You have experienced a few weeks of organized chaos since your puppy joined your house. Finally, the jabs are done and it’s time to explore the world outside. Walks with your dog are one of the major pleasures of ownership but sometimes you may experience instances where your puppy doesn’t want to walk. It may be the first time you have experienced it or something of a habit, in this post we will look at the potential reasons your puppy doesn’t want to walk and how these may be overcome.
1. New Experiences & Equipment
Everything is new to a puppy, their senses are bombarded with unfamiliar smells and noises. Most puppies are initially cautious of new environments and experiences, an example of this may be around the introduction of a leash. The unusual sensation of pressure on the neck or the wearing of a harness may create a nervous association with the process of going for a walk. If your puppy doesn’t want to walk in these circumstances then don’t force them as the negative association will only increase.
2. Fear and Trepidation
Hopefully, you will have socialized your puppy well and it is eager to explore but even the brashest and confident puppy will find some experiences that fill them with some trepidation. This may be something as simple as the sound of traffic being experienced for the first time. They will be meeting different people and dogs it is all a voyage of discovery and acceptance.
3. Medical Conditions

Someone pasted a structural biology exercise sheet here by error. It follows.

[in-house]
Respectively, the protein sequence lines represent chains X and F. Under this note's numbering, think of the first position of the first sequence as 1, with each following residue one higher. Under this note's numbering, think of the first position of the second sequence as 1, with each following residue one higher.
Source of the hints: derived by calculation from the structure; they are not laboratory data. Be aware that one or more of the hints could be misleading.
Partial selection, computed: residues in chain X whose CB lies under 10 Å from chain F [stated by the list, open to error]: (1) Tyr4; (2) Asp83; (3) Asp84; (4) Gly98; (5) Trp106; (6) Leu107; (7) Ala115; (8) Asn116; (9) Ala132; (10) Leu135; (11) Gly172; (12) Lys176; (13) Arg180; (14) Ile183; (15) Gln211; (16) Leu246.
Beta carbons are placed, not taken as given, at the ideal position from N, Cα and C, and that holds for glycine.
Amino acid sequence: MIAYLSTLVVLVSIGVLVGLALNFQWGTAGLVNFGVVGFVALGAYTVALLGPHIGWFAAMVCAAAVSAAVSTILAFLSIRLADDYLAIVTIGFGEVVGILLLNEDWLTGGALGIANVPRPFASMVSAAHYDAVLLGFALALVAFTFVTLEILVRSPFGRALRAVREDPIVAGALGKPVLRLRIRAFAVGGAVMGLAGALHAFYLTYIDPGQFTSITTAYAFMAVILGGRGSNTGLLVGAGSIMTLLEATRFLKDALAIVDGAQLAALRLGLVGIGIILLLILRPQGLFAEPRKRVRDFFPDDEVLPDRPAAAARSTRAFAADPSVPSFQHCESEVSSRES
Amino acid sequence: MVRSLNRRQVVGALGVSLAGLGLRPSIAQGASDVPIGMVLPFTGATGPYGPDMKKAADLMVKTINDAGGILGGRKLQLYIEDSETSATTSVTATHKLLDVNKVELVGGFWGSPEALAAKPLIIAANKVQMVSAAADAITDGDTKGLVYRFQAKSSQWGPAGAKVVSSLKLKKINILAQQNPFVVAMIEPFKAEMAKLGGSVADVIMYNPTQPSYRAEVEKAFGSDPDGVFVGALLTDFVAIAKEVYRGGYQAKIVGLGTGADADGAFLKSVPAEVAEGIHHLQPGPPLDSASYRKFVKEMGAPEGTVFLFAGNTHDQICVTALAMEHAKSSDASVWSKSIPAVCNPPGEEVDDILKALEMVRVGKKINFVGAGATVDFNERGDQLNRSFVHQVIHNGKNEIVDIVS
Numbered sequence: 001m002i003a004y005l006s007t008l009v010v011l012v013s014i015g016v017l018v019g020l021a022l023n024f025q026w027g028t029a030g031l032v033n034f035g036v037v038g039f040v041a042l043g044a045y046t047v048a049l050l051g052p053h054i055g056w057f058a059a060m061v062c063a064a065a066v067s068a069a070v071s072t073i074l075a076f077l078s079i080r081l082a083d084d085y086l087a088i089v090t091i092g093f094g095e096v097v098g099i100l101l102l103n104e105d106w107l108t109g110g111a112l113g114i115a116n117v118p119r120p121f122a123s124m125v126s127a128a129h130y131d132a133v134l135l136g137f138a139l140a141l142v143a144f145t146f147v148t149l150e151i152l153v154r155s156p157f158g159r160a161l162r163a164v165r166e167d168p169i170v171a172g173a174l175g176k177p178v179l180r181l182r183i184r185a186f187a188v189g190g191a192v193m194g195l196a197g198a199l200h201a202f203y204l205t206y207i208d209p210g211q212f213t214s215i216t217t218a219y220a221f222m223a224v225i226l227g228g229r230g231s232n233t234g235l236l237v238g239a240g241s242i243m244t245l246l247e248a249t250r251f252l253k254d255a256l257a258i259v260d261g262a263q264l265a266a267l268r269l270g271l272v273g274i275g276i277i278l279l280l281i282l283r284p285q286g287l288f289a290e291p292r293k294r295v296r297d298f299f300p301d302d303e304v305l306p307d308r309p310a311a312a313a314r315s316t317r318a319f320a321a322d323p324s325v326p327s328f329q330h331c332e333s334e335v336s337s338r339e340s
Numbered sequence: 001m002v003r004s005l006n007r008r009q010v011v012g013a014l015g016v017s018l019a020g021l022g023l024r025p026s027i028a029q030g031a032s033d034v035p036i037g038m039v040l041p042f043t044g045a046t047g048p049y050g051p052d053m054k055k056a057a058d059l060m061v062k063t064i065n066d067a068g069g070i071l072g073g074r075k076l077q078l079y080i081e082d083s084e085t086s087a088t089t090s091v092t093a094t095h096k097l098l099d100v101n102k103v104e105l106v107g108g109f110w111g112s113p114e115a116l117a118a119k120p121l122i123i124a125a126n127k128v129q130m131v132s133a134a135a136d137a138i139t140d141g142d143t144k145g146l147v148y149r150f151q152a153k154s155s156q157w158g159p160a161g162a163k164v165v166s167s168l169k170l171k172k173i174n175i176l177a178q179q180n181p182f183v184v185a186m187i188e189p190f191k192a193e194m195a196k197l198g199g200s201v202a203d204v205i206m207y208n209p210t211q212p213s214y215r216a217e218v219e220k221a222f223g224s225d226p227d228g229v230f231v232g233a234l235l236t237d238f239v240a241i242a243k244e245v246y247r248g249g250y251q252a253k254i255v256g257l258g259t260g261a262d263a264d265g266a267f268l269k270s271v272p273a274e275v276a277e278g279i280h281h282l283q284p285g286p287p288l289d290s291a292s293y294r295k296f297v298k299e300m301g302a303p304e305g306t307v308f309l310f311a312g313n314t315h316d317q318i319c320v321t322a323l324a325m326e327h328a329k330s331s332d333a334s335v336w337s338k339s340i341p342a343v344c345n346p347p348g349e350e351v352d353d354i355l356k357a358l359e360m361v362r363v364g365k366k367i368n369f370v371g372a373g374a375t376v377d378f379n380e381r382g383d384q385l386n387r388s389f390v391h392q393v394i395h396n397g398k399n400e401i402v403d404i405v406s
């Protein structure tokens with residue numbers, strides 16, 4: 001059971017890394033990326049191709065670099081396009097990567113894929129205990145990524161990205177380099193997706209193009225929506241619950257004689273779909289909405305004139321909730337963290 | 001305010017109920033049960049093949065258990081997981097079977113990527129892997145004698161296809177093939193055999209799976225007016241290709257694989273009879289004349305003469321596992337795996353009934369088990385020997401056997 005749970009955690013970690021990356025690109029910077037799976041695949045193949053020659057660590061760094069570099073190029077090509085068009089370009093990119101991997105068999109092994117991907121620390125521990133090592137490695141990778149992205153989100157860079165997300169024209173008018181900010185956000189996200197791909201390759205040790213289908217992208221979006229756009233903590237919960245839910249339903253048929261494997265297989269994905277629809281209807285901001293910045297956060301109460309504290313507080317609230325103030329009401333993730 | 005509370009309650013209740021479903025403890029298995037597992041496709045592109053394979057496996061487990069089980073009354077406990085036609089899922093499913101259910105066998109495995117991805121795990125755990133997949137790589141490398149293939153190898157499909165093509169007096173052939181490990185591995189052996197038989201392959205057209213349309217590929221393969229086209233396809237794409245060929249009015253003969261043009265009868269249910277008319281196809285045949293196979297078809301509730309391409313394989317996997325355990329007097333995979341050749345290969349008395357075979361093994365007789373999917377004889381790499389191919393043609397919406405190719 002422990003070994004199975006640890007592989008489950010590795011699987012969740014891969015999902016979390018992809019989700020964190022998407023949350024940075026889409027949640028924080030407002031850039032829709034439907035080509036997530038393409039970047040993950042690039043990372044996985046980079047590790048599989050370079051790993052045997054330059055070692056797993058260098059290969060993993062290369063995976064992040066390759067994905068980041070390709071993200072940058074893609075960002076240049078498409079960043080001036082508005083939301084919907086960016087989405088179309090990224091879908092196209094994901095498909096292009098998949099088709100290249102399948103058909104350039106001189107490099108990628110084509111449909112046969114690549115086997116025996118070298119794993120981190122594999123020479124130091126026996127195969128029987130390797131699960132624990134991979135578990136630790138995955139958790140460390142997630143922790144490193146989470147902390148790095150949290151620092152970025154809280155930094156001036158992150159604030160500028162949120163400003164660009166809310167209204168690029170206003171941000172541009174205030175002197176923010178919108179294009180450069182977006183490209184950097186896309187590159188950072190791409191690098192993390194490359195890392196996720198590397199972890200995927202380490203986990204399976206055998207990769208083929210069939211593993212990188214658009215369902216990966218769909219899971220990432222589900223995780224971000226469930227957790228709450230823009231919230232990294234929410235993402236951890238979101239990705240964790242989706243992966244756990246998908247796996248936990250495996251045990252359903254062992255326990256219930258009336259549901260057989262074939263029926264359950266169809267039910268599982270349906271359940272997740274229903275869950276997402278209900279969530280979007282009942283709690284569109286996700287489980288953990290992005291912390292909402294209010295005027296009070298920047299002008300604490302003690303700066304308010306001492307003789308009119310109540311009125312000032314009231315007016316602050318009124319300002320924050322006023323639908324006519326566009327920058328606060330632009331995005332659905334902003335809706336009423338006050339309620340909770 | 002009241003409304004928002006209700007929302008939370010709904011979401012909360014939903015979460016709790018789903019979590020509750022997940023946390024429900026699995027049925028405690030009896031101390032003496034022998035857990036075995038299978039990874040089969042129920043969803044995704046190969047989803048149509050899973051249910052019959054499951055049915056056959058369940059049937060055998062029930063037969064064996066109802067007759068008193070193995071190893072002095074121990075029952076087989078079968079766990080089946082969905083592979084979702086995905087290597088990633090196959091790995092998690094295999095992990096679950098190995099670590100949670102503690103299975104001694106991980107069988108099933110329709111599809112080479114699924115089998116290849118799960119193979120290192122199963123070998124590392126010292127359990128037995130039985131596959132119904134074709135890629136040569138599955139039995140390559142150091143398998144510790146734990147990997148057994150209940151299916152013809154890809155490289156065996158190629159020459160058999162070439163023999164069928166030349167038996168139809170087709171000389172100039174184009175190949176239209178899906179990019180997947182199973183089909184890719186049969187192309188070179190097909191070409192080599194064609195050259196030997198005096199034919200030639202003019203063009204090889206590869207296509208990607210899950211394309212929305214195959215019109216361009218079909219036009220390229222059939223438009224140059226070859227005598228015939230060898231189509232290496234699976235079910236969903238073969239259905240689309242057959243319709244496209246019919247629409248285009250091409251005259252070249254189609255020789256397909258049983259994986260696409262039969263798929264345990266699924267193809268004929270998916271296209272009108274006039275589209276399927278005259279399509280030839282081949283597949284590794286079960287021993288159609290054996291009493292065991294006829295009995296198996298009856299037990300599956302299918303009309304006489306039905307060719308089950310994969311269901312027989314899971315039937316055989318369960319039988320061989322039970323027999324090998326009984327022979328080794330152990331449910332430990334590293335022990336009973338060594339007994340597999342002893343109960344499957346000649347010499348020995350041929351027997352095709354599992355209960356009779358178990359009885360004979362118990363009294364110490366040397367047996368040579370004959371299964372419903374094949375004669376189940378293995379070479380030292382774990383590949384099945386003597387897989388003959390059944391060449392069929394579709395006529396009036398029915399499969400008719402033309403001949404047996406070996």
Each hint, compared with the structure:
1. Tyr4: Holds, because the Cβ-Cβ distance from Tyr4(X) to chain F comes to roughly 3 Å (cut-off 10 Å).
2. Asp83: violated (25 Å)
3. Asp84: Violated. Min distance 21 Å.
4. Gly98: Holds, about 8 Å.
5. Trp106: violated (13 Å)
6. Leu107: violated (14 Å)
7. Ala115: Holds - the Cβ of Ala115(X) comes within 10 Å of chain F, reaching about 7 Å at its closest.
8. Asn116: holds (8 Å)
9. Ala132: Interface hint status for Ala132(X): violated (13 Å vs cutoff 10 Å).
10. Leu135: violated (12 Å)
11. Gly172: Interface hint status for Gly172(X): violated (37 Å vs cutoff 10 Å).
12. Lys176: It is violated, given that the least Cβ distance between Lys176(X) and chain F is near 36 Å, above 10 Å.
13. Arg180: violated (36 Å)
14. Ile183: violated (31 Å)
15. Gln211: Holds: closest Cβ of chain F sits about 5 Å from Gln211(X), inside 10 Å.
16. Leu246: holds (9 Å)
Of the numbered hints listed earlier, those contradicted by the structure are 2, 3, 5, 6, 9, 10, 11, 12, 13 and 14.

In rare cases, it may be that your puppy doesn’t want to walk due to an injury or illness. Unfortunately, some puppies are not bred and tested in an ethical way.
Some puppies simply don’t like some forms of inclement weather. The likes of rain or snow may have your youngster turning their nose up at the front door. This may be a reaction to how they feel in those circumstances or they may genuinely be too cold or potentially on the flip side too hot.
5. Reluctance to Leave House
A lot of us like the comfort of our own home, it’s where we turn to if we want to feel safe and secure. Dogs are no different, hopefully, your puppy will have settled in nicely, got used to household routines, familiarized itself with the people and surroundings, and effectively become part of the family.
Hopefully, armed with some of the knowledge here you and your puppy are primed to leave the house and share the first of many great walks together. Socializing is key from the moment your puppy gets home. Do that well, throw in some training in the 4-5 weeks you are at home before you can leave the house, and you should have a well-rounded puppy eager to discover new things. Have fun together!